The above answer is misleading. AngularJS (and declarative programming) does not hinder the use of a canvas. It is all in how you approach the problem. Many of the popular charting and graphing JS libraries are starting to support AngularJS by providing the directives for their components. Thus the imperative code is hidden in the reusable implementation of the directive. This is the beauty of AngularJS, you get to write the imperative code once and use it declaratively as the solution below demonstrates. –  Mike Hopper Feb 16 '14 at 18:39
The answer is not misleading. If you write a bunch of JQuery spaghetti and hide it all inside a directive's constructor function, you have not 'written an Angular Directive'. You've written a bunch of imperative junk and consoled yourself by organizing it in a manner that resembles Angular. And that's with code that could have been written properly with Angular. But there is no $digest loop that will monitor the state of a canvas, and no such thing as 2-way Angular data-binding to canvas. You can pretend, by wrapping imperative canvas code in a directive. But that won't make it Angular. –  XMLilley May 27 '14 at 1:39

You can checkout my application https://github.com/pashanitw/paint/tree/master

Demo is here : http://pashanitw.github.io/paint/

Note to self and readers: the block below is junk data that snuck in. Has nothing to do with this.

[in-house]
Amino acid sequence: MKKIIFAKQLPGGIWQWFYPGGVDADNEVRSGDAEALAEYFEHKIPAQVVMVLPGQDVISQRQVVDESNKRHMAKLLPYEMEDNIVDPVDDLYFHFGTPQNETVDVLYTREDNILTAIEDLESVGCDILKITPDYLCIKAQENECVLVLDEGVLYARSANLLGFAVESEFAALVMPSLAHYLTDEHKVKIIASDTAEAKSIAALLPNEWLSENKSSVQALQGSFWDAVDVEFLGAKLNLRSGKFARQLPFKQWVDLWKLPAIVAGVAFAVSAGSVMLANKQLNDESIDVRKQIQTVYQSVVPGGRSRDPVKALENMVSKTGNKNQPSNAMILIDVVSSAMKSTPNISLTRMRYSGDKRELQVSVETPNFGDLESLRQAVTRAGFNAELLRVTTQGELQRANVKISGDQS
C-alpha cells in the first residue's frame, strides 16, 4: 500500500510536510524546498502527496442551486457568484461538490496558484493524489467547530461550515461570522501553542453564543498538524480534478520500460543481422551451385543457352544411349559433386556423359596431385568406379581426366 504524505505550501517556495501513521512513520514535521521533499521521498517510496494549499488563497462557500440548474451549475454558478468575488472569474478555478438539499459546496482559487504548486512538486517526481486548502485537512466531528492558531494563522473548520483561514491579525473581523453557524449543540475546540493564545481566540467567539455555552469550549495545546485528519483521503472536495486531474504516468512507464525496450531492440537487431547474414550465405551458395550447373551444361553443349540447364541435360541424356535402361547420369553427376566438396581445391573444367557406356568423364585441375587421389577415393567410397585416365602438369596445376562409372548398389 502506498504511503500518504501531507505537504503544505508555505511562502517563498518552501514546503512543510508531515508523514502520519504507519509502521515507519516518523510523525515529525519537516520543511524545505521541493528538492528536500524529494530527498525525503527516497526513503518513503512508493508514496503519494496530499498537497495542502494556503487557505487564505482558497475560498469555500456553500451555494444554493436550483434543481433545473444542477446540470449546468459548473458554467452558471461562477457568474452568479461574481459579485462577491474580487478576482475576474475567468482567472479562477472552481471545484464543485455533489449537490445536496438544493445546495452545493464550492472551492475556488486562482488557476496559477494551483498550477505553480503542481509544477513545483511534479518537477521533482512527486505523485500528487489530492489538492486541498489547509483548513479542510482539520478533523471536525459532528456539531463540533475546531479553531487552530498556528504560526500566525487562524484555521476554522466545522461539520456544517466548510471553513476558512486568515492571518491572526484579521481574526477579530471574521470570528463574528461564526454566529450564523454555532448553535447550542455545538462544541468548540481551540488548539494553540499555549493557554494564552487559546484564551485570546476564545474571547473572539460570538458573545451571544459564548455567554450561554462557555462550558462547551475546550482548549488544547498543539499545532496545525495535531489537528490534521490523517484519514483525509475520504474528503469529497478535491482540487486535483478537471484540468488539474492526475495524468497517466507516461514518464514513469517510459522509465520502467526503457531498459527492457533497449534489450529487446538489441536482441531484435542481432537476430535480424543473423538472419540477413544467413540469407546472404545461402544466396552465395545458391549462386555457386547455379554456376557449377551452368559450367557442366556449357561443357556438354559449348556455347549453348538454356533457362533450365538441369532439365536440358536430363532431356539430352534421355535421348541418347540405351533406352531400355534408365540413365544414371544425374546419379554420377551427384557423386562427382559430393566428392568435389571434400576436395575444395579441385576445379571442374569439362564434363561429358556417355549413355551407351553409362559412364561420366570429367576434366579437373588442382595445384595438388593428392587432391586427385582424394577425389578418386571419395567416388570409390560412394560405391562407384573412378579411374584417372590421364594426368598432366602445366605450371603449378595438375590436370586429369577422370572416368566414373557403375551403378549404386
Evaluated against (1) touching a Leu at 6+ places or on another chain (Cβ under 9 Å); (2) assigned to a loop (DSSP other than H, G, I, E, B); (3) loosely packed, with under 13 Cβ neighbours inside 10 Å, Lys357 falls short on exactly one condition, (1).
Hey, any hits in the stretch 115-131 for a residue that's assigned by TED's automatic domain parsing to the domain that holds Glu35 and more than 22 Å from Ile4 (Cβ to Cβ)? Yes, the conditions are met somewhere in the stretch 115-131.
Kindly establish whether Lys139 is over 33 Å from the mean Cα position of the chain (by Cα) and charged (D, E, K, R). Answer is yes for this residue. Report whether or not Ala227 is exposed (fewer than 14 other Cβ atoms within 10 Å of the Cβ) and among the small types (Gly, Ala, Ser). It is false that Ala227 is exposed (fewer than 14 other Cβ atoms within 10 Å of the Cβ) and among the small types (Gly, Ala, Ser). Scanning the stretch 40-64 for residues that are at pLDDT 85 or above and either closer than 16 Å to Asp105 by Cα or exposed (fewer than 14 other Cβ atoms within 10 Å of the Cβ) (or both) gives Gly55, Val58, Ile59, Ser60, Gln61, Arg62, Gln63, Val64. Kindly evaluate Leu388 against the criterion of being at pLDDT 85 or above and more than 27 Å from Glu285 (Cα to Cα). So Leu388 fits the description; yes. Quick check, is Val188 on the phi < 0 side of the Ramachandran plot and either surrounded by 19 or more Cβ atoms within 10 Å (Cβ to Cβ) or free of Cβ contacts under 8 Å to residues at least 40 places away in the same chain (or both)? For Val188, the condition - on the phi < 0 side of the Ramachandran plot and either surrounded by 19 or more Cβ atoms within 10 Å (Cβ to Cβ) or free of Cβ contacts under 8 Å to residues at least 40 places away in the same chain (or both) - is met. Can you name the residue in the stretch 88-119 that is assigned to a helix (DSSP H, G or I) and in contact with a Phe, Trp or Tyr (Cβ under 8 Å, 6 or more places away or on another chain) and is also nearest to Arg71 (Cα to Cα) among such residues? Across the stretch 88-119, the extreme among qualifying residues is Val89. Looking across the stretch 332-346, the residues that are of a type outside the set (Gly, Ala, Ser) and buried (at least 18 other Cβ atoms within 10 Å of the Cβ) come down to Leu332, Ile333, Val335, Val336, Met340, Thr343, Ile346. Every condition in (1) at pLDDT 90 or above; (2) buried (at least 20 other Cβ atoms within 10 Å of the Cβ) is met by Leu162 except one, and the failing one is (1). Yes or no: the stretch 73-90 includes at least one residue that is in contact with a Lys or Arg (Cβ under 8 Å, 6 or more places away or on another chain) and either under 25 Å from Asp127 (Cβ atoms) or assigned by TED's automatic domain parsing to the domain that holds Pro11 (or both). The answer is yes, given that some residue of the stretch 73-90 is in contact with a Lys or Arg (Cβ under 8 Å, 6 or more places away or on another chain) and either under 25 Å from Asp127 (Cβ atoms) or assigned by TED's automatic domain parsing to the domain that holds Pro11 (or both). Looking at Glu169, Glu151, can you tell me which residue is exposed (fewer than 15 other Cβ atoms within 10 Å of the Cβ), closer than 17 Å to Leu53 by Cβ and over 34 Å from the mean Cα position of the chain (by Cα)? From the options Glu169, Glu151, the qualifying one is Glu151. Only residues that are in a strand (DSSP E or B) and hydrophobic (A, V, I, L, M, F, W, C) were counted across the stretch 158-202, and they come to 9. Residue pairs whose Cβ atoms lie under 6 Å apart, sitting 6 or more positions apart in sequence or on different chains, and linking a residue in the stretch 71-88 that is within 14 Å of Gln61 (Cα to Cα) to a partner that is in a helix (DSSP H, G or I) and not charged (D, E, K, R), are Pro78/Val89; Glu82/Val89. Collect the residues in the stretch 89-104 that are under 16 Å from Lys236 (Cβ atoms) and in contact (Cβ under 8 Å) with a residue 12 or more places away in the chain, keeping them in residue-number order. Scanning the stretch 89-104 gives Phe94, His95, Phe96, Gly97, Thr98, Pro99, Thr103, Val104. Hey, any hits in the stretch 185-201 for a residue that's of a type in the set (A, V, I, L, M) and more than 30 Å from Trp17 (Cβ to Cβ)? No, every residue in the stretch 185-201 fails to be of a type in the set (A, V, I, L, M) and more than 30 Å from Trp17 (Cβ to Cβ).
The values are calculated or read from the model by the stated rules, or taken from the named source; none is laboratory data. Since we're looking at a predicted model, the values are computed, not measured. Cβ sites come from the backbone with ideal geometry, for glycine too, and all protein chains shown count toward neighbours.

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Some time ago i built a configurable directive for that.


The directive creates the canvas element and adds handlers for mousedown/mousemove/mouseup events (and corresponding touch events) to the element. Mousedown and following mousemove events draw bezier curves with the canvasContext.quadraticCurveTo() method for smoother strokes (instead of just painting circles for every point). For details on the drawing algorithm have a look at this article: http://codetheory.in/html5-canvas-drawing-lines-with-smooth-edges/

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Whilst this may theoretically answer the question, it would be preferable to include the essential parts of the answer here, and provide the link for reference. –  Yuriy Apr 6 at 7:37
While this link may answer the question, it is better to include the essential parts of the answer here and provide the link for reference. Link-only answers can become invalid if the linked page changes. –  Oldskool Apr 6 at 8:33